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Burb’s Eye View: The separation of paper and plastic

I was suspended about 10 feet above your trash on a platform 3 feet wide when I realized that as much as I knew about recycling, I knew nothing at all.

Take Styrofoam. All I’ve ever heard about Styrofoam is how it won’t decompose for 1 million years. What I didn’t realize was recycling it is almost as bad — only a small percentage actually gets recycled, according to Ferris Kawar, Burbank’s recycling specialist.

The rest breaks down too easily and gets lost on its way to China or India, where the true recycling takes place.

As he guides me along the catwalk, he shouts almost gleefully above the din of the Burbank Recycling Center’s “reverse waterfall,” explaining how a series of rotating cylinders moves piles of recyclable materials up to a conveyor belt.


Gravity drags the heavier items like glass to the bottom; lighter paper materials then float to a sorting area above. Every couple hours this massive machine has to be shut down and cleaned out because plastic shopping bags get tangled in its rollers. If people stopped throwing the bags in with the recycling, this bi-hourly ritual wouldn’t be needed.

It’s easy to get caught up in the excitement of the massive gears crunching and grinding materials so they may be shipped, but make no mistake: The Recycling Center is a filthy, dangerous place. We wear masks and helmets as we move along the catwalks above the sorting belts. A hard piece of refuse jumps off the conveyor and hits my arm; I now realize why everyone is in long sleeves and pants despite the oppressive, machine-driven heat.

The place is packed with waste, and yet the giant pile represents only three or four days of accumulation from Burbank and surrounding areas. Four times this amount ends up in a landfill, Ferris says.

His main job as Burbank’s recycling specialist is one of education. If we could all be better about all three R’s (Reduce, Reuse, Recycle), he tells me we’d be a lot better off.


I thought I was a decent recycler. I visit the center a couple of times a month to take back cans and bottles — including my paper half-and-half cartons with the little plastic nozzles. I’ve always thought I’ve done well to aid the effort of keeping the landfills at reasonable levels while putting materials back into the manufacturing process, to gain a net zero of the product I use.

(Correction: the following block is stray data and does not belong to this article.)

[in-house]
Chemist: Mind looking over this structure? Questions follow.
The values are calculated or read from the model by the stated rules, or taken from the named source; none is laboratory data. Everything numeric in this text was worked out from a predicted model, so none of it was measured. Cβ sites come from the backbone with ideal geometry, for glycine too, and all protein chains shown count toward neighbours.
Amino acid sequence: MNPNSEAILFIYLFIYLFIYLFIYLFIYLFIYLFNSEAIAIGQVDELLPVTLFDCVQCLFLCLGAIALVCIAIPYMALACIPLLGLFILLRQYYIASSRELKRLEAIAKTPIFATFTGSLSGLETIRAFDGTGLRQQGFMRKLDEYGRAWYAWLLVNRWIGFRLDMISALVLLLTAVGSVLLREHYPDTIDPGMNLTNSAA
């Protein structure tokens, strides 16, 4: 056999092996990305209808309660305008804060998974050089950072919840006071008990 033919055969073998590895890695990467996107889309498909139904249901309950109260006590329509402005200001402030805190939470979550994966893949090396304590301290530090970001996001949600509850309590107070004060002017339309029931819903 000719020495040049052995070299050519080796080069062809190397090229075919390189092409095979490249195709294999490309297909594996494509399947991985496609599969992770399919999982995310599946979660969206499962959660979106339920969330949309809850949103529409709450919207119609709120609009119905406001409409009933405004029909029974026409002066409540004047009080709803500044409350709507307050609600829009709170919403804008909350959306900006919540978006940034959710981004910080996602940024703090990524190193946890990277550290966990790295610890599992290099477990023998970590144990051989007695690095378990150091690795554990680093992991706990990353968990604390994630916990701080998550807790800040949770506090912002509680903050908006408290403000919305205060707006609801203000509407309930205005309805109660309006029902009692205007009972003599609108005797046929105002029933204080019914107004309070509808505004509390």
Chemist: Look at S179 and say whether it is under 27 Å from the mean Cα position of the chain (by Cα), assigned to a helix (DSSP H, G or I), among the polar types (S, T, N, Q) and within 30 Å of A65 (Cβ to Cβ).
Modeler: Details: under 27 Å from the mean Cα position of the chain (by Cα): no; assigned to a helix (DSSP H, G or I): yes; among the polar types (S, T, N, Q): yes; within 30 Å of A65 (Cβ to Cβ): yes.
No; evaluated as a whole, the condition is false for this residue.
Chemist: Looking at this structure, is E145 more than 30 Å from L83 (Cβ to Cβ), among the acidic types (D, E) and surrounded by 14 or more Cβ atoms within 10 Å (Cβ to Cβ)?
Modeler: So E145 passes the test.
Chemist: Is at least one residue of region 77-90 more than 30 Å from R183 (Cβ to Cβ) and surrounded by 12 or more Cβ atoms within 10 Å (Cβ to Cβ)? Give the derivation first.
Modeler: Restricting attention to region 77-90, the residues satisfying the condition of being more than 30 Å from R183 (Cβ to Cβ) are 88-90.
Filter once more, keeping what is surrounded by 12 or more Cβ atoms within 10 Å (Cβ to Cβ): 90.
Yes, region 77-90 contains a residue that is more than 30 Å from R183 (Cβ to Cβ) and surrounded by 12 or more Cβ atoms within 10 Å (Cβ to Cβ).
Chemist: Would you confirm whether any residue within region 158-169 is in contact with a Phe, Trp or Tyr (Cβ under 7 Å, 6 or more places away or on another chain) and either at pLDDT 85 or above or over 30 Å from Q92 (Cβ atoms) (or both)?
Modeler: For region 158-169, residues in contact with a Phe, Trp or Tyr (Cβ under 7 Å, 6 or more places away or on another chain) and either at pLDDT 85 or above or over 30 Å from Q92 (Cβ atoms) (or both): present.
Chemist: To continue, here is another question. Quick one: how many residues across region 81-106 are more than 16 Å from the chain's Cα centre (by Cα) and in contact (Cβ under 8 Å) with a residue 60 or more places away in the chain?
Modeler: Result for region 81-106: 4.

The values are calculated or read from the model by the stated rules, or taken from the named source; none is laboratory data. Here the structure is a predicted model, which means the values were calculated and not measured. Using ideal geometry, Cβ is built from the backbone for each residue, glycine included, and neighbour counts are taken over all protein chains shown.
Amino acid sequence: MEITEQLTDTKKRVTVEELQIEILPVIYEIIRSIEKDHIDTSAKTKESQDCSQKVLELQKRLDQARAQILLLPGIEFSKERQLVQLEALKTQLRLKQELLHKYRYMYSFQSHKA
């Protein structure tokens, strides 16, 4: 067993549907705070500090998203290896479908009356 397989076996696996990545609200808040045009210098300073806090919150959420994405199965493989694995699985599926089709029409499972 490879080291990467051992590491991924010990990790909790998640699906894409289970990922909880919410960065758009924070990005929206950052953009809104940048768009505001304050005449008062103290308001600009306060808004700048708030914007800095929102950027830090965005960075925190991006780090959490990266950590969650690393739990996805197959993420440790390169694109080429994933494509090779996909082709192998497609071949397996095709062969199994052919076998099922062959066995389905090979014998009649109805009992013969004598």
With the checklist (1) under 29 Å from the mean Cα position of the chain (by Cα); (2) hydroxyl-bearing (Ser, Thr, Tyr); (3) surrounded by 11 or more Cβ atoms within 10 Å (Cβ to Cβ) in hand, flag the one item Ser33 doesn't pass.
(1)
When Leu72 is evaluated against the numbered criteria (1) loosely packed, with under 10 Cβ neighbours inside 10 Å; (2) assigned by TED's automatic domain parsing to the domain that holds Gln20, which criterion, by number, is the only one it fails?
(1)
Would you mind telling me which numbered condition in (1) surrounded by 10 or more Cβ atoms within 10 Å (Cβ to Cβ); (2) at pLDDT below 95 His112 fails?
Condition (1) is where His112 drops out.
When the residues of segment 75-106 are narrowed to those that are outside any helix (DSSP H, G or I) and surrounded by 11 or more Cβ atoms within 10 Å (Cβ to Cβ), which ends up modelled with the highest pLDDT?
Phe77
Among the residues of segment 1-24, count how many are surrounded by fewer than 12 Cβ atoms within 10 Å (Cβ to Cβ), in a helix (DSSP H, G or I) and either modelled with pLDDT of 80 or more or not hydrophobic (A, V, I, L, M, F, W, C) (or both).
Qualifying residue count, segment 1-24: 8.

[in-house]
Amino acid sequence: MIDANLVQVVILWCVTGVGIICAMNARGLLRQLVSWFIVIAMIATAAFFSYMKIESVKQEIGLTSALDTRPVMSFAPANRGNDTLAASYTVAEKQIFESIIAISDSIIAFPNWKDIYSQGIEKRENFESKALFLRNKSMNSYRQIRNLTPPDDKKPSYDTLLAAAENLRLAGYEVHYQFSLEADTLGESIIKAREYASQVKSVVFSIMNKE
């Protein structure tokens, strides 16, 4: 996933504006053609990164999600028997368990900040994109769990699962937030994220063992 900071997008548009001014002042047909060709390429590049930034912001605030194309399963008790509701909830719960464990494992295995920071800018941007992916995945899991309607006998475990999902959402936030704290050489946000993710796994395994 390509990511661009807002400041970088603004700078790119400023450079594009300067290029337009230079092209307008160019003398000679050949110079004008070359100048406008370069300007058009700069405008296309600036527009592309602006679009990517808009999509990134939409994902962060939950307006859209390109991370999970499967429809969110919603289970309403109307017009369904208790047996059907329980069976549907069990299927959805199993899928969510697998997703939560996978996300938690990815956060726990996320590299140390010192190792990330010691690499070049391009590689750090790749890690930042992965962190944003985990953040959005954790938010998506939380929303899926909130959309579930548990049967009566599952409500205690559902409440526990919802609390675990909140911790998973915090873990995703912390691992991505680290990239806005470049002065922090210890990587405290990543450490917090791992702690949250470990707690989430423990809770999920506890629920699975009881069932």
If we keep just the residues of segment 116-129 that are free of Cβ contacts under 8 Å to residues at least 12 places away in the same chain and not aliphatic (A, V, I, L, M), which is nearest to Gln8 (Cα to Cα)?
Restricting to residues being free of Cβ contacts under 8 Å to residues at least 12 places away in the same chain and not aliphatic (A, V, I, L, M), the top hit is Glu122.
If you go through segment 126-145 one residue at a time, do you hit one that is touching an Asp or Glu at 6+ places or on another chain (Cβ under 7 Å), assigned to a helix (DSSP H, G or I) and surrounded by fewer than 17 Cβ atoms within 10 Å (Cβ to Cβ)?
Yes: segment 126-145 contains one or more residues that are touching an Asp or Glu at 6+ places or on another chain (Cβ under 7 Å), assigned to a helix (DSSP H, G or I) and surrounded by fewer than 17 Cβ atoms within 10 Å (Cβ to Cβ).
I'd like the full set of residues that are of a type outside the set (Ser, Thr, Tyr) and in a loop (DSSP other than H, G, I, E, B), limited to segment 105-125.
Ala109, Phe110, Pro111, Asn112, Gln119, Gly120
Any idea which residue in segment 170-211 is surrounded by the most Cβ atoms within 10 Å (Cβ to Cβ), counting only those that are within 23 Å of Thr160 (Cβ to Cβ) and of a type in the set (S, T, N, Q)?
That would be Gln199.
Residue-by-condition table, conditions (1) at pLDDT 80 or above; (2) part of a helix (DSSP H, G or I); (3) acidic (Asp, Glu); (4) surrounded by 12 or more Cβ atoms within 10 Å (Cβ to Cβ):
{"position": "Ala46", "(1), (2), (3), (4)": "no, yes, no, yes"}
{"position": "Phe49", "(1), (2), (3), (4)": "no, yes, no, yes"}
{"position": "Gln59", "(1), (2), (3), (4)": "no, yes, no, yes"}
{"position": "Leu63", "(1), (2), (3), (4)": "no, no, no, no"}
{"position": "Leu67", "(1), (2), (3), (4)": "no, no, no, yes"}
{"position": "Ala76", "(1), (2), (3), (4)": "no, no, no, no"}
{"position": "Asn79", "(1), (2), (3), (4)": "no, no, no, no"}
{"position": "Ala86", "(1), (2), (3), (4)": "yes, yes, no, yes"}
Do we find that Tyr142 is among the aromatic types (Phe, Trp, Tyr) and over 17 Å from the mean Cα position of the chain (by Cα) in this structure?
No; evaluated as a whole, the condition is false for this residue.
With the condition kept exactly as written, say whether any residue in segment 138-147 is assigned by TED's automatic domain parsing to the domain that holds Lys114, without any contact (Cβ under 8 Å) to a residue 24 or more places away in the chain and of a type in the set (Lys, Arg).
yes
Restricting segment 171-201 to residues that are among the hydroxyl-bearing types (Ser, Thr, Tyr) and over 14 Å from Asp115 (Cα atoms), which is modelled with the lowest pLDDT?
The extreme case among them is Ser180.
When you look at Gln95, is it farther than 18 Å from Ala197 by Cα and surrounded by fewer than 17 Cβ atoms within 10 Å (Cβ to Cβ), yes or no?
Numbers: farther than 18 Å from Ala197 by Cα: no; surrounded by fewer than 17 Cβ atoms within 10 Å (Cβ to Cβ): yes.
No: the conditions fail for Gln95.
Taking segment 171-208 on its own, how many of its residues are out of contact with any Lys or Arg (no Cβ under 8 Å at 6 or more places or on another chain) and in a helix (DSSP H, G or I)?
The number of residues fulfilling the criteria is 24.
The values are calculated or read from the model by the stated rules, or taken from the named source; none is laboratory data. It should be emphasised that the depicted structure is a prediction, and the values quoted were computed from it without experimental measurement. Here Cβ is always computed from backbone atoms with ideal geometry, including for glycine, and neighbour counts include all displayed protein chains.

But manufacturing is a big problem. That paper half-and-half carton with the plastic nozzle is nearly worthless in terms of recycling: either its plastic contaminates paper recycling, or vice versa. That’s not my fault; it’s the way the milk industry has chosen to package its products.

Walking by the recycling pile, we see an orange juice carton with the same problem. In his office, Ferris shows me a plastic soda can that has an aluminum top — another unrecyclable package, and this one was found in the Recycling Center’s own vending machine.

“People have an idea that it’s magic over here,” Ferris says. “’I’m going to put everything in the recycle bin and they’ll sort it out.’”

One of the worst things to do is throw water-bottle cases into the recycling. These packages usually consist of a cardboard tray and a plastic shrink-wrap around it. We see many examples of these in the pile, but unless the paper is separated from the plastic, they’re unusable.

“We would love people to take the next step and uncouple these two things,” Ferris says as we walk around the pile that spills out from underneath the center’s roof. “We don’t have the manpower to do every little piece of uncoupling.”

The final products of the center’s recycling process are giant blocks of aluminum or plastic or paper. They are stacked 30 feet high or higher, like the giant warehouse at the end of “Raiders of the Lost Ark.”

While no ancient artifacts are stored there (to my knowledge), employees did see a World War II grenade come through the line once. The charge was removed, so it was harmless. But it still is an unnecessary hazard — if you wanted to recycle your munitions, I’d think you’d want to call the center first to give them a heads up.


“They see a hand grenade, they’re going to shut down the line and get out,” Ferris said.

If my tour of the center taught me anything, it’s that there are small things we all can do to help make the whole process run more smoothly. And maybe, by the time my recyclables reach Asia, they actually do get recycled and not burned for energy.

I learned many ways to change my thinking on recycling for the better, and you can too at I am now aware that if I do recycle plastic bags, I should make sure they’re clean and separated from other items. This separation is especially true of paper products and Styrofoam — even Los Angeles with its dedicated polystyrene recycling program won’t take anything that had food touch it.

Just one afternoon confronting the mountain of three days’ worth of waste made me rethink how much junk I’m hauling out to the curb each week. If we can do better with the “reducing,” we might shrink that mountain to a molehill.

BRYAN MAHONEY is a recent transplant from the East Coast. When he’s not separating his paper from his glass, he can be reached at and on Twitter @818NewGuy.